The most violent snow storm, that has appeared in the course of the winter, it began in the night, and continued, all this day. In the evening it cleared up.
Townsend was not out. Amory and I dined with Mr. Parsons. Captain Hodge likewise was of the company.
I wrote a Letter in the afternoon; or rather part of a Letter to W. Cranch.1
From the office, we went, and pass'd an hour with Mrs. Jackson; where we found Mr. Wendell, feasting upon his apples and nuts. He slept last night in Mr. J. Tracey's green house; which is entirely unprotected from the inclemency of the Season; and the better to enjoy the benefits of the open air, he stripp'd himself entirely naked. He converses in the same style, that he did a year ago; and appears to me, too consistent for a distracted person, as many suppose him to be.
We spent the remainder of the evening at Dr. Smiths. I made an apology to Miss Smith, for a blunder, which took place at the ball: she appeared plainly to be offended, but was satisfied after I had made my explanation: I know not whether to like or to dislike this girl: but perhaps Time will supply me with the means of information.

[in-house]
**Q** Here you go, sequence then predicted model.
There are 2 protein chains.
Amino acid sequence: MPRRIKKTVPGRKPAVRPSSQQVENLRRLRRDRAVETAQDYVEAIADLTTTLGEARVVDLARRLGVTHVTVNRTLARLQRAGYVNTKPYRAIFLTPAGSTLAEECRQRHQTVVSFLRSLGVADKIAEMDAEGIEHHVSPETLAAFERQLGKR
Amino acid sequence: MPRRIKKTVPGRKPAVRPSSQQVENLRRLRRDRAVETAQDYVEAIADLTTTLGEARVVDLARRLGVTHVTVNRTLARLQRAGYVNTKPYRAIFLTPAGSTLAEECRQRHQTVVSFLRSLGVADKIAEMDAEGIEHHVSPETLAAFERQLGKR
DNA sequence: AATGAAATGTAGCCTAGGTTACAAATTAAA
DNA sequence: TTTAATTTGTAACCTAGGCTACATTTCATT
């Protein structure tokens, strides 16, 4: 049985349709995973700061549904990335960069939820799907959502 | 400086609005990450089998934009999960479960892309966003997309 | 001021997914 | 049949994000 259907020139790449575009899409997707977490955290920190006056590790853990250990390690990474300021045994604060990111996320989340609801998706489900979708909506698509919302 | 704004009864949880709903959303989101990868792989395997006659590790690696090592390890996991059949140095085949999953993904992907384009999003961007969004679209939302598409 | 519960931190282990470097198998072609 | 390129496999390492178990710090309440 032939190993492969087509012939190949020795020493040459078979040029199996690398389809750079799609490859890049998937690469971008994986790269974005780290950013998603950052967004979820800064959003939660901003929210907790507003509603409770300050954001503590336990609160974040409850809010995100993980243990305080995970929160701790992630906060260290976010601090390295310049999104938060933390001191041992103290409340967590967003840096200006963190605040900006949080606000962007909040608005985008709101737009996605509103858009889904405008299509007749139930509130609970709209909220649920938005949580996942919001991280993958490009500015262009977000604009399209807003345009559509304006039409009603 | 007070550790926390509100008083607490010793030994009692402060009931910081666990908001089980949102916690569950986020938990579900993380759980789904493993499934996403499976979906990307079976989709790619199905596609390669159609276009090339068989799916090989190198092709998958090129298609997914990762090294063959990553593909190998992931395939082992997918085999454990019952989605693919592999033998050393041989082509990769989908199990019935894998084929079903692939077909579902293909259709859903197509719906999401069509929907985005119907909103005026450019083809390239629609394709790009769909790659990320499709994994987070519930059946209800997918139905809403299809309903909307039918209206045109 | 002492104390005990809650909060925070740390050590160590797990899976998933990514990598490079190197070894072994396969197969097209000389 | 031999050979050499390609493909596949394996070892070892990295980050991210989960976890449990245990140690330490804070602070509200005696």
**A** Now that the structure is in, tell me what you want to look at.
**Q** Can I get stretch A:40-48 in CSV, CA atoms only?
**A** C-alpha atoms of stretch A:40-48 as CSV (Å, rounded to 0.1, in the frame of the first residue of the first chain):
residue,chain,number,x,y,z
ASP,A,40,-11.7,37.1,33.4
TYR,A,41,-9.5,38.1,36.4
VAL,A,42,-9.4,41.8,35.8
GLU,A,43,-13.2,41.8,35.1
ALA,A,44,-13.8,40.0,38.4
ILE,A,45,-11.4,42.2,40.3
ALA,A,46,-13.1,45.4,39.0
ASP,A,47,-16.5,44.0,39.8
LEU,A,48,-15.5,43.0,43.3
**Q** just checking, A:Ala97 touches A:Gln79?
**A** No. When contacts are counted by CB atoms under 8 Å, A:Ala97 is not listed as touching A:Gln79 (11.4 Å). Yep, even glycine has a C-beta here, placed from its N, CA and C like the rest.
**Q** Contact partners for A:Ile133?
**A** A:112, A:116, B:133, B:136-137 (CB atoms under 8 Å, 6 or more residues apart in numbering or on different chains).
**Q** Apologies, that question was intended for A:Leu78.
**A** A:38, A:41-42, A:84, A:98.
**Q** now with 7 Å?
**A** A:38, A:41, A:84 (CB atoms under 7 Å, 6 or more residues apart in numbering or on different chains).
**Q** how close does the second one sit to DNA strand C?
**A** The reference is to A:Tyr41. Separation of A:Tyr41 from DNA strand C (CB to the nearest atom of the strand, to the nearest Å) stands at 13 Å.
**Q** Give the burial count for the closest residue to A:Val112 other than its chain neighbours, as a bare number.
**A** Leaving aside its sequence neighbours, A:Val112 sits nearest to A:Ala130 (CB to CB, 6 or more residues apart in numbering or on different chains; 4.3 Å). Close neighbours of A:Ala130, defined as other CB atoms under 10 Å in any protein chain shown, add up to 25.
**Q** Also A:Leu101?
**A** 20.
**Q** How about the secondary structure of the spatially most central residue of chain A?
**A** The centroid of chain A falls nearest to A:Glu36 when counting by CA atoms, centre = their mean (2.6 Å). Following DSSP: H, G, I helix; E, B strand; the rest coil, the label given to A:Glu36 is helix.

At supper Amory was excessively diverted with the appearance of a Bologna Sausage, which the Doctor introduced, and which Mr. Cutler observed would be ripe in June. After Supper I got seated next to Miss Putnam, and entered into Conversation with her. I found her inclined to flattery, a defect, not uncommon, among our young Ladies; and I answered her in her own way, as I always do. When a Lady pays me a compliment, I always consider myself indebted to her untill I return one, at least of equal value; and I am generally so good a creditor, that I pay with large interest. I have even once or twice in my life so far surpassed a Lady in that way, as to silence her, and make her ashamed of attacking me with those weapons: but I never flatter a Lady that I esteem.